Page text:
Hearing of that super-colony of Antarctic penguins spotted from space, I immediately thought about The Lost World.
Not the part about how Sir Arthur Conan Doyle’s band of Victorian explorers discovered a lost world of dinosaurs and early humans hidden on a towering mountain plateau in the jungles of Venezuela, but rather the part about how, having stumbled over a find of extraordinary and rare beauty, they weighed whether or not to tell the outside world.
Late last week, the journal Scientific Reports announced the discovery of a previously unknown “super-colony” of Adélie penguins in the east Antarctic peninsular.
The find was dramatic, the “how” somewhat less so.
The colony numbers more than 1.5 million birds, a sizeable number by any reckoning, but especially in the facts-challenged world of 2018.
The penguins were spotted living among and around a rocky archipelago in east Antarctica known as the Danger Islands — aptly named, as it turns out — after gargantuan patches of their guano appeared in images taken by the US Landsat satellite.
This was one satellite picture of the polar regions that wasn’t all about the melting ice cap. For that reason alone, it immediately caused a stir.
Researchers used a computer algorithm to scan images for signs of possible penguin activity. The scientists were genuinely surprised by the scale of their find, as University of Oxford researcher and science team-member Dr. Tom Hart told BBC News.
“It’s a classic case of finding something where no one really looked,” Hart told BBC. “The Danger Islands are hard to reach, so people didn’t really try that hard.”
As Heather Lynch, a researcher with Stony Brook University in Long Island, New York, told BBC.
“The sheer size of what we were looking at took our breath away,” she said. “We thought, ‘Wow, if what we’re seeing is true, these are going to be some of the largest Adélie penguin colonies in the world, and it’s going to be well worth our while sending in an expedition to count them properly.’”
Knowing how many penguins there are is one thing.
Ensuring their survival for future generations — future generations of people, as well as penguins — is another entirely.
The discovery will only truly mean something if a long-proposed marine protected area is signed into international law, a super-protected area, if you will, for the super-colony of penguins, and other Antarctic species.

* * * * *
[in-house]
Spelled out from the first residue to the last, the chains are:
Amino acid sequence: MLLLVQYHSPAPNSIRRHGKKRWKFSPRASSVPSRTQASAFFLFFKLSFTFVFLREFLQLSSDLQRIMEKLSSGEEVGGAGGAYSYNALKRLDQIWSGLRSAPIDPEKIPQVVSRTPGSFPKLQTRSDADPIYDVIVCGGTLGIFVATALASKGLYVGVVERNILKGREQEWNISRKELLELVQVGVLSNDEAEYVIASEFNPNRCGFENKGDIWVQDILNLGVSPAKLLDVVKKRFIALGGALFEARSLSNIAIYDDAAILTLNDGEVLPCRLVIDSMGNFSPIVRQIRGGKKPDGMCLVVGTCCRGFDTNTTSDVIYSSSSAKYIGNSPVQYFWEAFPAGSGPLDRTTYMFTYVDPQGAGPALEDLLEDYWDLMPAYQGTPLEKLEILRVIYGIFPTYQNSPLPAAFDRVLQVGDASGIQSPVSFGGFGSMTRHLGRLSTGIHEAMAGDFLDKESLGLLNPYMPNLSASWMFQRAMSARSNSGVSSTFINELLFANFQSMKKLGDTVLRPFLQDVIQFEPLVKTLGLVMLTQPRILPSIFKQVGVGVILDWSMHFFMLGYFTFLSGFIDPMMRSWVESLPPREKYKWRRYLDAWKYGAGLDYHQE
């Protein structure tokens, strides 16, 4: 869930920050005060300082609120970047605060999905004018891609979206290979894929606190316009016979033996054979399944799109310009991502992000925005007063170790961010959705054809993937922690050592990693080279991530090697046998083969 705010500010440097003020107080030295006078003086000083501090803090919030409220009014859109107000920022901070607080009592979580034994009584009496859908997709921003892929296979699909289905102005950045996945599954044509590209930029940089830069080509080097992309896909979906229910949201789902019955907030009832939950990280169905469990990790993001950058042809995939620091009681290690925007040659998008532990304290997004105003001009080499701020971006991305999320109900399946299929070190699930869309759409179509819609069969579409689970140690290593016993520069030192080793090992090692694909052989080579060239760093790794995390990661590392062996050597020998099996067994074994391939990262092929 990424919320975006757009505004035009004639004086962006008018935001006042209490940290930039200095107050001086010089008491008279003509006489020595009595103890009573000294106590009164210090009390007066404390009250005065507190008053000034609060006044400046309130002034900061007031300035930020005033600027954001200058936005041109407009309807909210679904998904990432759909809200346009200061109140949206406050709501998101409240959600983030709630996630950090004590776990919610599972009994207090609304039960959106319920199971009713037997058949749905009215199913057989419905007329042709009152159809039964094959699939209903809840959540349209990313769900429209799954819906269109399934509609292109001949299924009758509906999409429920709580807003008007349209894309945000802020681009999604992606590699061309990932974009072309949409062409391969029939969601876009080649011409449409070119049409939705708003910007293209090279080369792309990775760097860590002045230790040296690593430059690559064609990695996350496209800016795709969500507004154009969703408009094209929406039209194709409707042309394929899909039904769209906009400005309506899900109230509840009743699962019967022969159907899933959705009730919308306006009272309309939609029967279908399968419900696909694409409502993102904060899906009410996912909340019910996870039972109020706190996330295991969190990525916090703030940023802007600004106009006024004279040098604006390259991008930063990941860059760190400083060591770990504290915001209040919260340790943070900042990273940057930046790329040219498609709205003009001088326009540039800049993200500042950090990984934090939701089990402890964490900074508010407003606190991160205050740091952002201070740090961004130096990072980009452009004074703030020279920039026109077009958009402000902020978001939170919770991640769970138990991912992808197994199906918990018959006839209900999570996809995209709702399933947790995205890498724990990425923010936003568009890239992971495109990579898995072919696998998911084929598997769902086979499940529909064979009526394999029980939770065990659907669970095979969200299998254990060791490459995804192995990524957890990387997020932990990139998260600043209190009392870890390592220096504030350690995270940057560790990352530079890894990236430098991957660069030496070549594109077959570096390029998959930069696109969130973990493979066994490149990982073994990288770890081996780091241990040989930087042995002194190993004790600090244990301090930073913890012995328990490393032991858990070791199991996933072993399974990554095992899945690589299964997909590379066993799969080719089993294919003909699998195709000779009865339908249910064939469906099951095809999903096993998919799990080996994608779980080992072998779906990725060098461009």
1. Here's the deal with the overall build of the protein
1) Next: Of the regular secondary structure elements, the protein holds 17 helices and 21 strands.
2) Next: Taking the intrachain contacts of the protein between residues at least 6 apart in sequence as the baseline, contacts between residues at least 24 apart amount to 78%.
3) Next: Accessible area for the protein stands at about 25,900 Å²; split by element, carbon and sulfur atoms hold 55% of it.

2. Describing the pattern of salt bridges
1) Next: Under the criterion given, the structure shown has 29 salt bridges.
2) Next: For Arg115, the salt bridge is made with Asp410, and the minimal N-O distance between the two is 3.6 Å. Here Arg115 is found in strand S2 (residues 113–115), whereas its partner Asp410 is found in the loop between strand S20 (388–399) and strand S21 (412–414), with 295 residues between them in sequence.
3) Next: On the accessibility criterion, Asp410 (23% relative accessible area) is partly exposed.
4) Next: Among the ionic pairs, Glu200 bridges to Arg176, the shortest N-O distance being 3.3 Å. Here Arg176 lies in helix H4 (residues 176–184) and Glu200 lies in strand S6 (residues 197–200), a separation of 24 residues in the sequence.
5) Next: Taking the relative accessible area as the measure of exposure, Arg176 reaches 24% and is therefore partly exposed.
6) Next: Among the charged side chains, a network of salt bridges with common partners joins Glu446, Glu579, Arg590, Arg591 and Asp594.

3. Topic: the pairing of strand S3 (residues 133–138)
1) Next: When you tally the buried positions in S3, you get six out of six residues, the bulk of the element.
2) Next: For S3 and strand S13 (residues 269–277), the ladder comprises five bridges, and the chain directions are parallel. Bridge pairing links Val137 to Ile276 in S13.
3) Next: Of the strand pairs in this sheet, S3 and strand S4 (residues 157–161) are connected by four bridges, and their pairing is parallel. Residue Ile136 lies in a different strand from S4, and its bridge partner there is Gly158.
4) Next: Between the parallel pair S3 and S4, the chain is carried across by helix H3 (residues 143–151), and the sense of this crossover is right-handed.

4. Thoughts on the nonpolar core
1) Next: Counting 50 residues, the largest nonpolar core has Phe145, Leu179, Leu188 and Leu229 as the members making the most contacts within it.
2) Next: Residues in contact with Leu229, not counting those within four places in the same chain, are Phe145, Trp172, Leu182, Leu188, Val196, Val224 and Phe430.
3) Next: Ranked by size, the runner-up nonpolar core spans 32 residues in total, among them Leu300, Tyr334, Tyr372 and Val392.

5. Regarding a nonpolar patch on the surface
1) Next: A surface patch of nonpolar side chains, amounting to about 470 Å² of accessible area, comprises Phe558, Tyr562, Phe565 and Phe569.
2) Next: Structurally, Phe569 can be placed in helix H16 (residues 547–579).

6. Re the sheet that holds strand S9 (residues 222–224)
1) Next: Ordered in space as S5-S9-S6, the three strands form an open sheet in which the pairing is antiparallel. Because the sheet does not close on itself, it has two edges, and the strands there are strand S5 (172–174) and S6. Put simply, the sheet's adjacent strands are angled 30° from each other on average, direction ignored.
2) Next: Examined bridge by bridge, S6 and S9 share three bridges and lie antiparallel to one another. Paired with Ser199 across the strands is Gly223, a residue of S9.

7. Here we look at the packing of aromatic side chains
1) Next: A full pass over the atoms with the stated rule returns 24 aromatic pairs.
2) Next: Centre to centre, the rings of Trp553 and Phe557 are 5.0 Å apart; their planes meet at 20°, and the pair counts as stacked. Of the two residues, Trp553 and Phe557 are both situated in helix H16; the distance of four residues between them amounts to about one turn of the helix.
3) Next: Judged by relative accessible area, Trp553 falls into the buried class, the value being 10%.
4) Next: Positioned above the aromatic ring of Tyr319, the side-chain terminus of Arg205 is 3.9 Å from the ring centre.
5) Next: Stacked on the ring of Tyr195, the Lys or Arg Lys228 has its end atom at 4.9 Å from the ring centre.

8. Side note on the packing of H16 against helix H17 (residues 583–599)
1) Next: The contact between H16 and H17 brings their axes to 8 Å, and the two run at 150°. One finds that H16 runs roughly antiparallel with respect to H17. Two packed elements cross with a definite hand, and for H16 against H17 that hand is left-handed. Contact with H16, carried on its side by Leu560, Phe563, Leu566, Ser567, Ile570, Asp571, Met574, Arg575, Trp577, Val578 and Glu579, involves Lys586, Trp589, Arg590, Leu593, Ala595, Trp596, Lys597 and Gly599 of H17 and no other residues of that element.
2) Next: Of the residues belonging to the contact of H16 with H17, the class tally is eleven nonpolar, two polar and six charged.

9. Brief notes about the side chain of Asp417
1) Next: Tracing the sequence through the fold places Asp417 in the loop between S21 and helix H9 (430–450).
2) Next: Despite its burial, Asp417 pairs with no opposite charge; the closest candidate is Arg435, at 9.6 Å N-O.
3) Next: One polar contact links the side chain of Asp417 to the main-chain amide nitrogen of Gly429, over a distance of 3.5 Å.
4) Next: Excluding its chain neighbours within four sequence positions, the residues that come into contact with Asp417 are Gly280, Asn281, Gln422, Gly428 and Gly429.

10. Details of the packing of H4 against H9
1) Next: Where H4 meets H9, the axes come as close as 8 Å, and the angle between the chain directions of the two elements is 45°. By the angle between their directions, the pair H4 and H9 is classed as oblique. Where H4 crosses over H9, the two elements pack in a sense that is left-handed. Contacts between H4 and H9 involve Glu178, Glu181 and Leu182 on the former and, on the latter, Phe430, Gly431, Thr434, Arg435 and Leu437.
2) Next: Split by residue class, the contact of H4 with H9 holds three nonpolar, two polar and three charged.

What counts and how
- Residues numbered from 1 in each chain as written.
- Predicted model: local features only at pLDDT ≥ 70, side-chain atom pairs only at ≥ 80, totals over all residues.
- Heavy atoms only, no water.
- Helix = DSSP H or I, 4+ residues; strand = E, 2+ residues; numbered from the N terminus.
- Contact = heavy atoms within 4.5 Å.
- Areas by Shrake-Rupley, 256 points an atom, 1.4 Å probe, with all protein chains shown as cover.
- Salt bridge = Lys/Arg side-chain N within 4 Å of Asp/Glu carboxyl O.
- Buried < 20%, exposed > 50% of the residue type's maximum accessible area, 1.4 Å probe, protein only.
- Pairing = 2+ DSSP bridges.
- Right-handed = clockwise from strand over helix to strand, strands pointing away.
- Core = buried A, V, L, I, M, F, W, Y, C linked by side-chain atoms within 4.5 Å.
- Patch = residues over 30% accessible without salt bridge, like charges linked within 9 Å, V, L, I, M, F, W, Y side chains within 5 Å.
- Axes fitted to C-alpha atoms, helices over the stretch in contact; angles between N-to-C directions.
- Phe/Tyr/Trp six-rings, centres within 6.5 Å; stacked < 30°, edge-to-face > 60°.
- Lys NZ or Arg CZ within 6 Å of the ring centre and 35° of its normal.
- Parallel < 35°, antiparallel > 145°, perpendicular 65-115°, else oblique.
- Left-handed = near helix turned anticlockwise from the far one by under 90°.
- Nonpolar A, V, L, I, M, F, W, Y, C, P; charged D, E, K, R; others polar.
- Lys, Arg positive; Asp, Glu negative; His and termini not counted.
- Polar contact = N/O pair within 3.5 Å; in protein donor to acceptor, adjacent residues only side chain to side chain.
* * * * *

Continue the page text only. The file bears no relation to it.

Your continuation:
It’s a big deal because, continent-wide, Adélie penguin populations have fallen by more than 65% in just the past 25 years, according to some estimates.
Just in the last seven years, thousands of chicks died in an unexplained mass die-off of chicks and stillbirths in the west Antarctic peninsular.
Some conservationists are concerned that the discovery will lead people to think that the Antarctic isn’t in so much trouble, after all.
To most people’s minds, endangered animals are either endangered or they aren’t. Mid- and long-term factors like habitat loss caused by climate change, which manifests itself in the form of warmer, more acidic waters, loss of sea ice and mass die-offs of krill, plankton and other micro-organisms that underpin the entire ecosystem, are harder to weigh in the mind than waking up one morning to learn that all the penguins have suddenly disappeared.
The Danger Islands lie in an area of the Weddell Sea that has yet to feel the effects of climate change the way other parts of Antarctica have.
That doesn’t mean the Adélie penguins, all 1.5 million of them, are out of danger, though.
As conservation writer Lucy Siegle noted this past weekend in the UK Sunday Observer, “Enthusiasm for this (discovery) needs to translate into a legally enforceable marine protected area, so that the penguins, left undisturbed for 60 years, remain that way.”
It was Einstein, after all, who said that whoever is careless with the truth in small matters cannot be trusted with important matters.